• Template arguments
  • Derived classes
  • Containers, iterators, and/or algorithms that meet an interface convention

While 17.3 is informative instead of binding, the committee's intent on derived class behavior is clear.

For other very similar points of extension, there are clear requirements:

  • 17.1.15 "required behavior" covers replacement (operator new, etc.) and handler functions (terminate handlers, etc.) and throws all non-compliant behavior into UB-land.
  • 17.4.3.6/1: "In certain cases (replacement functions, handler functions, operations on types used to instantiate standard library template components), the C++ Standard library depends on components supplied by a C++ program. If these components do not meet their requirements, the Standard places no requirements on the implementation."

In the last point it's not clear to me that the parenthetical list is exhaustive, but given how specifically each mentioned case is dealt with in the next paragraph, it would be a stretch to say the current text was intended to cover derived classes. Additionally, that 17.4.3.6/1 text is unchanged in the 2008 draft (where it's in 17.6.4.8) and I see no issues addressing either it or derived classes' virtual methods.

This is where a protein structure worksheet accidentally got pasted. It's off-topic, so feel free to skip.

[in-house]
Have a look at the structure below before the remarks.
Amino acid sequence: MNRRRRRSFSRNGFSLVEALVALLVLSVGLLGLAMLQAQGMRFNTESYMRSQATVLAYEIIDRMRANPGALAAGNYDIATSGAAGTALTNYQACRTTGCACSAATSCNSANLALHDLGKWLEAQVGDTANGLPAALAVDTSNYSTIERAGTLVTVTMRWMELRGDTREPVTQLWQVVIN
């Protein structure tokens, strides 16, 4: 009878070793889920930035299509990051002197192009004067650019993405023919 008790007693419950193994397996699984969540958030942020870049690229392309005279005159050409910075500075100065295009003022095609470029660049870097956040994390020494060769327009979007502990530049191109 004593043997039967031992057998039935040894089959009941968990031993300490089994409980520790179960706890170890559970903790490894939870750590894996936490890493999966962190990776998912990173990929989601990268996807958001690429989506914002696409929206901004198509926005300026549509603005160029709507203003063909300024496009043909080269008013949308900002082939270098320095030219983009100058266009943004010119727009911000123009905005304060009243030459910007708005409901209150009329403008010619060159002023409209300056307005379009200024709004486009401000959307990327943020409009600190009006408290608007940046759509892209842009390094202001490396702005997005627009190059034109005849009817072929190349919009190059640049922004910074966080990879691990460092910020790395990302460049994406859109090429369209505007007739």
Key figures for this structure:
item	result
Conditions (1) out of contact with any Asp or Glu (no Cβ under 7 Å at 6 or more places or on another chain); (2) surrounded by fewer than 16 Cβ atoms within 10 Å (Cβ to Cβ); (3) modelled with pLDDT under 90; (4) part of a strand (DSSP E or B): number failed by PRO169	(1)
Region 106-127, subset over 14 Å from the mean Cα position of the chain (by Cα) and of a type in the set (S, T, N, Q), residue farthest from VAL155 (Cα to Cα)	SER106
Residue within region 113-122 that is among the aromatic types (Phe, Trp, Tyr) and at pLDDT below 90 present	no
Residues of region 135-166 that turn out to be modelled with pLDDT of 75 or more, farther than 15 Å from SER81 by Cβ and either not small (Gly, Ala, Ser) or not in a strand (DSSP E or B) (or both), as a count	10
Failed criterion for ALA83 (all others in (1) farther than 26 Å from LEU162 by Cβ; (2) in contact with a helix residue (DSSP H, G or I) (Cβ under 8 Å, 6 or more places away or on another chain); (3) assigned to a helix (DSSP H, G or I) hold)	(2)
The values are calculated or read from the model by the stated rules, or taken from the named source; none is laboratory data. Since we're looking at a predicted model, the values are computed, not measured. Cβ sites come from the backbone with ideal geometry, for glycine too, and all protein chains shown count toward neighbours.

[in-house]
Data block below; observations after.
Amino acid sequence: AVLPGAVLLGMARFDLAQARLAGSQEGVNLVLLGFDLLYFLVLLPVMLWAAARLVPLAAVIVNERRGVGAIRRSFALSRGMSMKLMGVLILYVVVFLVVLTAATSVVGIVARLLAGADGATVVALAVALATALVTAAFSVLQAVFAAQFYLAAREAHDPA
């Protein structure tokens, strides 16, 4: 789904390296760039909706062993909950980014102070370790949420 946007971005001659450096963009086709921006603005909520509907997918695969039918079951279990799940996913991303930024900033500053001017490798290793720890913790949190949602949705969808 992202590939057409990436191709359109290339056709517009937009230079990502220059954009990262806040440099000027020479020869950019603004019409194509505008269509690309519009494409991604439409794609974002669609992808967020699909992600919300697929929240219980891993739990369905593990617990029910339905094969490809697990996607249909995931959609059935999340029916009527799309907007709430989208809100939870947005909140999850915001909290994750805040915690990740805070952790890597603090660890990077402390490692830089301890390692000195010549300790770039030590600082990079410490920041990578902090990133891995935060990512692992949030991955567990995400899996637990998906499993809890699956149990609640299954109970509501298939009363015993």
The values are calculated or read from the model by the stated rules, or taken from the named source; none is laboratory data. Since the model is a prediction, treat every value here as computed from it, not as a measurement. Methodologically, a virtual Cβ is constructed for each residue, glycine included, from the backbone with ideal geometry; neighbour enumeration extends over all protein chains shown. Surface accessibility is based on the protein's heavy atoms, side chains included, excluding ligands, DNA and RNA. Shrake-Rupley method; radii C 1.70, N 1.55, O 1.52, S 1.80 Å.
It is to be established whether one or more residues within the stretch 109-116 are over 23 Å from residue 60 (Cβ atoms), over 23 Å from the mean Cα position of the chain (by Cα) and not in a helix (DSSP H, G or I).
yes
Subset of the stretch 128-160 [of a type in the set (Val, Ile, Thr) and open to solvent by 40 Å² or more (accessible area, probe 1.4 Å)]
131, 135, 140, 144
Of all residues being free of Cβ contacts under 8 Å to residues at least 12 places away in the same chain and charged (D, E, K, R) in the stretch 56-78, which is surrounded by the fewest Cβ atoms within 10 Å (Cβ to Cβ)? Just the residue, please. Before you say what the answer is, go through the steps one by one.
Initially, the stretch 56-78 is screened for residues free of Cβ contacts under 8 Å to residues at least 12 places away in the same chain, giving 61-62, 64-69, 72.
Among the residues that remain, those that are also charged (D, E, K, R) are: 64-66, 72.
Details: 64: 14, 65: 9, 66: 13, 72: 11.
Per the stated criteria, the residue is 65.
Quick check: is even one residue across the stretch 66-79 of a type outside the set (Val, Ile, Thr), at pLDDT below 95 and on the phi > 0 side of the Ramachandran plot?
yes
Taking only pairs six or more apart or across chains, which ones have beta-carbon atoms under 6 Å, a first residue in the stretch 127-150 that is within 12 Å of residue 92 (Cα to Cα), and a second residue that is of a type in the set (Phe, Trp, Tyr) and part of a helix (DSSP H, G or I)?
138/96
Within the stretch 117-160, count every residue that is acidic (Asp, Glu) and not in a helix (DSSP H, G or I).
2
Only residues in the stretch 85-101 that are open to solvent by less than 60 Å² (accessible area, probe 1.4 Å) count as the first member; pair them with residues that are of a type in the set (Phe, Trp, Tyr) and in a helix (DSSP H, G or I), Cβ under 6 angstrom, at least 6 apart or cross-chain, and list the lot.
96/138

5

The C++ standard library isn't a single unit. It is the result of combining and adopting several different libraries (a large chunk of the C standard library, the iostreams library and the STL are the three main building blocks, and each of these have been specified independently)

The STL part of the library is generally not meant to be derived from, as you know. It uses generic programming, and generally avoids OOP.

The IOStreams library is much more traditional OOP, and uses inheritance and dynamic polymorphism heavily internally --- and users are expected to use the same mechanisms to extend it. Custom streams are typically written by deriving from either the stream class itself, or the streambuf class it uses internally. Both of these have virtual methods that can be overridden in derived classes.

std::exception is another example.

And like D.Shawley said, I would apply the LSP to your second question. It should always be legal to substitute the base class for a derived one. If I call exception::what(), it must follow the contract specified by the exception class, no matter where the exception object came from, or whether it is actually a derived class having been upcasted. And in this case, that contract is the standard's promise of returning a NTBS. If you made a derived class behave differently, then you'd violate the standard because an object of type std::exception no longer returns a NTBS.

4

To answer question 2):

I believe that yes, they would be bound by the interface description of the ISO standard. For example, the standard allows redefining operator new and operator delete globally. However, the standard guarantees that operator delete is a no-operation on null pointers.

Not respecting this is certainly undefined behaviour (at least to Scott Myers). I think we can say that the same is true by analogy for other areas of the standard library.

4